When Derek Rotondo, a seven-year investigator with JPMorgan Chase, asked to take the company’s 16-week paid parental leave, he was told that “only mothers are automatically considered to be primary caregivers.”
Rotondo said he was “shocked” that, as a father, he was not considered a “primary caregiver” unless he could show that his spouse was incapacitated or had returned to work. He was offered only two weeks of paid parental leave.
But now, thanks to a gender-discrimination complaint he filed in June 2017 with the Equal Employment Opportunity Commission, that policy has changed.
The complaint resulted in a “first-of-its kind” class-action settlement on Thursday, in which the bank agreed to pay $5 million to about 5,000 fathers who allege they were denied the opportunity to take appropriate paid parental leave as primary caregivers between 2011 and 2017. The American Civil Liberties Union, workers’ rights law firm Outten & Golden LLP, and JPMorgan Chase announced the tentative settlement.
“I love my children, and all I wanted was to spend time with them when they were born,” Rotondo said in a statement. “I’m proud that since I filed my charge, Chase has clarified its policy to ensure that both male and female employees who wish to be the primary parental caregiver have equal access to those benefits.”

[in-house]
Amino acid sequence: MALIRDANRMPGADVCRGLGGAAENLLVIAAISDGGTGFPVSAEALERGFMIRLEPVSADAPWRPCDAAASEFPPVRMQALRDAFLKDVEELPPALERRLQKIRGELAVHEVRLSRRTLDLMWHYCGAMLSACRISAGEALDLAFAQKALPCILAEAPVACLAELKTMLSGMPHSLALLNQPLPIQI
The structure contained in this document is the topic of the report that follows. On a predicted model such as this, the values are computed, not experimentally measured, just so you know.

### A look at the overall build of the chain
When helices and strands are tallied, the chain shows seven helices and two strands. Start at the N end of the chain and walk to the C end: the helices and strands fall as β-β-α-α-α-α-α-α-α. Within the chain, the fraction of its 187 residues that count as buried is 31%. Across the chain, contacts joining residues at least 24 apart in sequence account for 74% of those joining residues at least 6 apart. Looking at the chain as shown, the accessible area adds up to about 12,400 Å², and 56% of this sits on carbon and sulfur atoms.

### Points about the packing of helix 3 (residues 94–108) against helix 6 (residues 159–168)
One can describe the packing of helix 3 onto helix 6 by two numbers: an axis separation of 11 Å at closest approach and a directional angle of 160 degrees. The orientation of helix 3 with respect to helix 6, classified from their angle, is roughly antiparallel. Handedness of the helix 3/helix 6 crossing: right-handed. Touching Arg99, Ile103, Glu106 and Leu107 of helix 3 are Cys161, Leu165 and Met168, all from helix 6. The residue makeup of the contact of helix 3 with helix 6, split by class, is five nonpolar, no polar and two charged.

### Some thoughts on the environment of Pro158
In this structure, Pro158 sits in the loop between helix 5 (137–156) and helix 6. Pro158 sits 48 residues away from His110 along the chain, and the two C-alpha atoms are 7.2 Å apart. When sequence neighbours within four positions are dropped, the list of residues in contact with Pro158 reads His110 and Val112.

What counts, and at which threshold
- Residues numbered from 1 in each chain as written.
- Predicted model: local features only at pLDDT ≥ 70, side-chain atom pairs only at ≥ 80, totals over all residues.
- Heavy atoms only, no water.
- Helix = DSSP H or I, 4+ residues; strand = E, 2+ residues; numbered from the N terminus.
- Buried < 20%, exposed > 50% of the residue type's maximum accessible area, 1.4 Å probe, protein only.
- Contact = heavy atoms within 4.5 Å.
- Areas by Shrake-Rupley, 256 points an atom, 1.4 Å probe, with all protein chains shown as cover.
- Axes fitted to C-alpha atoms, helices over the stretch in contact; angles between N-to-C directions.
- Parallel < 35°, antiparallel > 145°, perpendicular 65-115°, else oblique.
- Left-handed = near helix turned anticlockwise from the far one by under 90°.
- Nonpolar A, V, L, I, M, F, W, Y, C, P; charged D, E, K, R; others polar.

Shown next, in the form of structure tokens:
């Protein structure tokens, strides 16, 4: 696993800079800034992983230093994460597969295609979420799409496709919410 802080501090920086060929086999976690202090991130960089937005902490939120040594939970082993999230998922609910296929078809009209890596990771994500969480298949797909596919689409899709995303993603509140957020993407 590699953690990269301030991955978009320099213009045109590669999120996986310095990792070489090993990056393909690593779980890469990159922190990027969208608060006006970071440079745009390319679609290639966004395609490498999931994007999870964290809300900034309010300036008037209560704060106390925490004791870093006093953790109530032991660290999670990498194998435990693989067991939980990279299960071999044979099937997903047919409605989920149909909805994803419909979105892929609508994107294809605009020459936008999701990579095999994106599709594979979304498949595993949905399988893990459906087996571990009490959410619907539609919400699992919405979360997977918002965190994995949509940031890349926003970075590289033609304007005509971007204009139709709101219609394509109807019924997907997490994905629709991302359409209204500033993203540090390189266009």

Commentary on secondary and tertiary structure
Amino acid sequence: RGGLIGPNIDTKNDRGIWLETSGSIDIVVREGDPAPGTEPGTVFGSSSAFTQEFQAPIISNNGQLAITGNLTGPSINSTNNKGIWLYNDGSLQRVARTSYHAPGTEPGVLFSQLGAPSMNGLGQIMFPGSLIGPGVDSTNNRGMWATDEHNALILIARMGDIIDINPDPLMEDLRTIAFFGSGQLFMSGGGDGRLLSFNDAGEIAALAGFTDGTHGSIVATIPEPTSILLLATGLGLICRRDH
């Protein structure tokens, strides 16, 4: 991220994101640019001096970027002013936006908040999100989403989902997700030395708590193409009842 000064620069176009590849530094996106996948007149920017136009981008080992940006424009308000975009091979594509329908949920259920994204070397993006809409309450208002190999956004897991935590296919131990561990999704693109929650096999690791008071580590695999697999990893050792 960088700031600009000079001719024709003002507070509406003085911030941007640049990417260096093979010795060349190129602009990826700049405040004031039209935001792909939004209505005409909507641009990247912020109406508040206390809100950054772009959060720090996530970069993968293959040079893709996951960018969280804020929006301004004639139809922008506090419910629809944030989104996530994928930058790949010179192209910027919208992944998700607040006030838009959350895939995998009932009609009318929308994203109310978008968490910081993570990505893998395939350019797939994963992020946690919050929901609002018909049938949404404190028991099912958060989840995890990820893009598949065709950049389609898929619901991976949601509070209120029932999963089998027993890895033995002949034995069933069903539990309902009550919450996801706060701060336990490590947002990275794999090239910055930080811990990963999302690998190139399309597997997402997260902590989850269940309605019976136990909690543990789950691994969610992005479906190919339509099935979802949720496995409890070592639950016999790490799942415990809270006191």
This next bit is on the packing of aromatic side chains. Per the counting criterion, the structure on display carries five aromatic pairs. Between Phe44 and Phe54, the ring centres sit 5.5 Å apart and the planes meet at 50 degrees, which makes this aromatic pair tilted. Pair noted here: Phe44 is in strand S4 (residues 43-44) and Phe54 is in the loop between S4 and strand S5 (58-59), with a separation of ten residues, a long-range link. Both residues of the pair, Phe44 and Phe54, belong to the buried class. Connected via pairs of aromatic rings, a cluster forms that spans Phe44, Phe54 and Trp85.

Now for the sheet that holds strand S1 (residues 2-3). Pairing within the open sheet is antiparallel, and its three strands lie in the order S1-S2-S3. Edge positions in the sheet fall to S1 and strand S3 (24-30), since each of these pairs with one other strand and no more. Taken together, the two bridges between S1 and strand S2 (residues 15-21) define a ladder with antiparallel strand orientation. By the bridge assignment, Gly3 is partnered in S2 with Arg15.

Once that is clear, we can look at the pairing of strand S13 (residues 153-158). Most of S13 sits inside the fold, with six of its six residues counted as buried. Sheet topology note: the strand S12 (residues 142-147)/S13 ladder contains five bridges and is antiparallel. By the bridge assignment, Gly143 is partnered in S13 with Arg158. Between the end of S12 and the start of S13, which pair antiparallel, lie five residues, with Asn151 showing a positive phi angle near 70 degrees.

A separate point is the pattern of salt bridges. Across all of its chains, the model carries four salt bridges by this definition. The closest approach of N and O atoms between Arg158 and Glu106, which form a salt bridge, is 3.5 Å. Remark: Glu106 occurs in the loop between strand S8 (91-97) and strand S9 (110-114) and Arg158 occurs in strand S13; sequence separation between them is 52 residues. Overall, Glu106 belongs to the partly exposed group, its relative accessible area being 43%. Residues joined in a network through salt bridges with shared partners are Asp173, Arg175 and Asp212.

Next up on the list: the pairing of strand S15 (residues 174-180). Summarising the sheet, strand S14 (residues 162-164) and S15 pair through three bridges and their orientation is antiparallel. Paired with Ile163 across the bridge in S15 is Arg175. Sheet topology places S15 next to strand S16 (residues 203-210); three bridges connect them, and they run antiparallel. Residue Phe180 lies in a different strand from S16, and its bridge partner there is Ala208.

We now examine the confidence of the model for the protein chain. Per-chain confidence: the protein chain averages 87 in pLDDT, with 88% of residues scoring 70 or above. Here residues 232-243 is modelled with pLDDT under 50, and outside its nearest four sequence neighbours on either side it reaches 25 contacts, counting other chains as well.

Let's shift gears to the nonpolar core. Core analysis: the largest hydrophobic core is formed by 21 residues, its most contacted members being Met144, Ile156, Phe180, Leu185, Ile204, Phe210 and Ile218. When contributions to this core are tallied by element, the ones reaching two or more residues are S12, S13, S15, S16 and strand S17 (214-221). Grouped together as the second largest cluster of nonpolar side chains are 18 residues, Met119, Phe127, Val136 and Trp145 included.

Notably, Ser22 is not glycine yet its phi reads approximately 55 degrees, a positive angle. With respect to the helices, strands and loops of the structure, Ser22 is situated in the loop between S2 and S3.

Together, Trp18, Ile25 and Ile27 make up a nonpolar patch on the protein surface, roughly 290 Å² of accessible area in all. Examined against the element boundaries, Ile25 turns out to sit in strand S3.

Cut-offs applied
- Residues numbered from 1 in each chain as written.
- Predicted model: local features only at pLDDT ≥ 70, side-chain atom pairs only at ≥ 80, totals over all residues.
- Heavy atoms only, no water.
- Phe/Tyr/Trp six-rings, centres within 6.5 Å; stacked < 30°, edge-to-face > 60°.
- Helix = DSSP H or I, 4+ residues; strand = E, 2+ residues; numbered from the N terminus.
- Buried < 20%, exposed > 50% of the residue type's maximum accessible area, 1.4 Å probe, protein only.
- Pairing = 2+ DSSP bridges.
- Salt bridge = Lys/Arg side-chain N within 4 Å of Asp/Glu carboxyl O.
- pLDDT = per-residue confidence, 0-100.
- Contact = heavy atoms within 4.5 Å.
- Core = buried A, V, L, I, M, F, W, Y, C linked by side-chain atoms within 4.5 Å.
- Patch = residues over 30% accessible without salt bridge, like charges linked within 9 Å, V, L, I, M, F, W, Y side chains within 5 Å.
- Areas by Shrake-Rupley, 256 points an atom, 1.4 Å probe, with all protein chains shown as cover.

To be clear, just days after Rotondo filed his EEOC complaint, Chase granted him the full 16 weeks of caregiver leave. The company also clarified its policy in Dec. 2017 to make sure that there was gender neutral access to paid parental leave.
In the federal settlement, which was filed Thursday in U.S. District Court in Ohio, JPMorgan Chase also agreed to maintain the current gender-neutral parental leave policy and to train those administering it on its gender-neutral application. The company’s associate general counsel, Reid Broda, on Thursday thanked Rotondo for “bringing this matter to our attention.”
Since Rotondo’s case, the company also reportedly increased the parental leave available to non-primary caregivers to six weeks.
“Paid parental leave is crucial for all parents, and it should be up to families, not employers, what their caregiving arrangements will look like,” said Freda Levenson, legal director for the ACLU of Ohio.
“In order for women to compete on an even playing field at work, we need to ensure that men can play an active role at home,” she added.